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Veerabhadran Ramanathan

Director, Center for Clouds, Chemistry & Climate

Chair, Atmospheric Brown Cloud

Chair, Project Surya

Veerabhadran Ramanathan is a Distinguished Professor at Scripps Institution of Oceanography at UC San Diego, and UNESCO Professor of Climate and Policy at TERI University, New Delhi, India.

Dr. Ramanathan discovered the greenhouse effect of halocarbons, particularly, CFCs in 1975. Along with R. Madden, predicted in 1980 that global warming would be detected by 2000. In 1985, he led the first international NASA/WMO/UNEP assessment on the climate effects of non-CO2 greenhouse gases and concluded that they are as important as CO2 to global climate change. He was among a team of four which developed the first version of the US community climate model in the 1980s. In 1989, he led a NASA study that used satellite radiation budget instruments to conclude that clouds had a large global cooling effect. He led an international field experiment in the 1990s, with Paul Crutzen, that discovered the widespread Atmospheric Brown Clouds (ABCs) over S. Asia, which have devastating health and climate impacts.

He developed light weight unmanned aerial vehicles to track pollution plumes from S. Asia, E. Asia and N. America. His recent finding is that mitigation of short lived climate pollutants (black carbon, methane, ozone and HFCs) will slow down global warming significantly during this century. This proposal has now been adopted by the United Nations and 30 countries including USA and a new coalition, called as the, Climate and Clean Air Coalition is implementing mitigation actions for short lived climate pollutants. He now leads Project Surya which is mitigating black carbon and other climate warming emissions from solid biomass cooking in S. Asia and Kenya and is documenting their effects on public health and environment. Teaming up with California Air Resources Board and R. K Pachauri, he has initiated a World Bank sponsored project to reduce soot emissions from the transportation sector in India.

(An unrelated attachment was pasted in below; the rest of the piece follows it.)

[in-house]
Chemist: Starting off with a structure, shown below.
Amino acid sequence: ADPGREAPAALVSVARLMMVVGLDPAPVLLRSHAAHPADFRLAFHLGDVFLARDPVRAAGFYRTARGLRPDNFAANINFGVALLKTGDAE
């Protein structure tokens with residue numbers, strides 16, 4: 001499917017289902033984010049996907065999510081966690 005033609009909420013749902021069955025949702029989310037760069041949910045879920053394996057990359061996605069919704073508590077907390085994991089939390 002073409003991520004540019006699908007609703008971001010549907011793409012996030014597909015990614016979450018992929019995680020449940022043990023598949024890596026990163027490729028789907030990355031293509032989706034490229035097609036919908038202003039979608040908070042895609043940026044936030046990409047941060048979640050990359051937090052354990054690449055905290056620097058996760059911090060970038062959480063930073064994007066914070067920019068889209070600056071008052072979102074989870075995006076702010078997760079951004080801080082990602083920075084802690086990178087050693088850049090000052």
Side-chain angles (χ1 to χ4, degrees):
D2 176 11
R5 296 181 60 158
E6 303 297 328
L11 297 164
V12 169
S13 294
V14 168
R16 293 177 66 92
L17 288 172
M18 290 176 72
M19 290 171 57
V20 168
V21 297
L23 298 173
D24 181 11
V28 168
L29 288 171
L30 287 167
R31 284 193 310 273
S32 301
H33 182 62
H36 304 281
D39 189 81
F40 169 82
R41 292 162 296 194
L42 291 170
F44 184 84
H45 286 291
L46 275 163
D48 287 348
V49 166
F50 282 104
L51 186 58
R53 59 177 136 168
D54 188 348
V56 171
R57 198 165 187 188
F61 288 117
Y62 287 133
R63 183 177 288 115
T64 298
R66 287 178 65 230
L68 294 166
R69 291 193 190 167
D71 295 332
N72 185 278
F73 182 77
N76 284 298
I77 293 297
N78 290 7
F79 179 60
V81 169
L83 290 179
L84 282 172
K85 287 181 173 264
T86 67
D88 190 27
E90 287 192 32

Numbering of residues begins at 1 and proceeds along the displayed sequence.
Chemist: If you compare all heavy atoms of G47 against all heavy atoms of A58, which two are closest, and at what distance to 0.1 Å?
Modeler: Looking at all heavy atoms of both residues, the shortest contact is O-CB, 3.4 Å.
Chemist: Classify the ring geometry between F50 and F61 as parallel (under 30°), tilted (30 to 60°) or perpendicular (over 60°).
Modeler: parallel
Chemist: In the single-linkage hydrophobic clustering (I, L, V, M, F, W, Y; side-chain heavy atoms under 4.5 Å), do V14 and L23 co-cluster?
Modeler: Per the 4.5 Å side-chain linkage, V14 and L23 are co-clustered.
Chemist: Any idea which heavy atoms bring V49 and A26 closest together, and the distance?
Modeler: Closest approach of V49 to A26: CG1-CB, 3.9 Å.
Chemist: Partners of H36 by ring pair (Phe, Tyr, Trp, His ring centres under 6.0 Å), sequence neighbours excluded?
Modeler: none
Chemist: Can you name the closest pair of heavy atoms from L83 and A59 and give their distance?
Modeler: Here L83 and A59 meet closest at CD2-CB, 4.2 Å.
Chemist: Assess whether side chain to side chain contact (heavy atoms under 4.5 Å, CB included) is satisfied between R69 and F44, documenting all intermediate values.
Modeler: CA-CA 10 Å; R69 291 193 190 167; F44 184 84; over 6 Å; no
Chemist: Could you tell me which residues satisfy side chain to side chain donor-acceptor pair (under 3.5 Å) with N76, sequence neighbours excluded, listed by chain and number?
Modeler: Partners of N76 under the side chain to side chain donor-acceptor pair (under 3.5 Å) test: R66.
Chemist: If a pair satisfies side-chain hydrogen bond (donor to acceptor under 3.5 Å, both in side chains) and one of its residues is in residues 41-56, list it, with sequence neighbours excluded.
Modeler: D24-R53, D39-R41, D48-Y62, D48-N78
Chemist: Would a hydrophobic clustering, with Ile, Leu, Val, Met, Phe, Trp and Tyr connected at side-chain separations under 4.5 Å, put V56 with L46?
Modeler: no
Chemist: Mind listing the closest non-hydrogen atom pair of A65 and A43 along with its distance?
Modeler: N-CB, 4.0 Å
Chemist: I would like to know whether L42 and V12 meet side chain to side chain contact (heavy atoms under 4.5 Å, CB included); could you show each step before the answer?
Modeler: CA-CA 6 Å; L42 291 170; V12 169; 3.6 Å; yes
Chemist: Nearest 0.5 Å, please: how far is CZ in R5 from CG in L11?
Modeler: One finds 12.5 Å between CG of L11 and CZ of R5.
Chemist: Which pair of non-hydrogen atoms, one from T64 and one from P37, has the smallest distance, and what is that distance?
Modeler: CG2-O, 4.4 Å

He has won numerous prestigious awards including the Tyler prize. the top environment prize given in the US; the Volvo Prize; the Rossby Prize and the Zayed prize. In 2013, he was awarded the top environment prize from the United Nations, the Champions of Earth for Science and Innovation. He has been elected to the US National Academy of Sciences, American Philosophical Society, the Pontifical Academy by Pope John Paul II and the Royal Swedish Academy of Sciences.

He is now serving in Pope Francis' Council for the Pontifical Academy of Sciences; and UNESCO awarded the Climate and Policy professorship at TERI Deemed- University in New Delhi, India. He is co-organizer of a 2014 Vatican meeting on "Sustainable Humanity, Sustainable Nature" of social and natural scientists, philosophers and policy makers.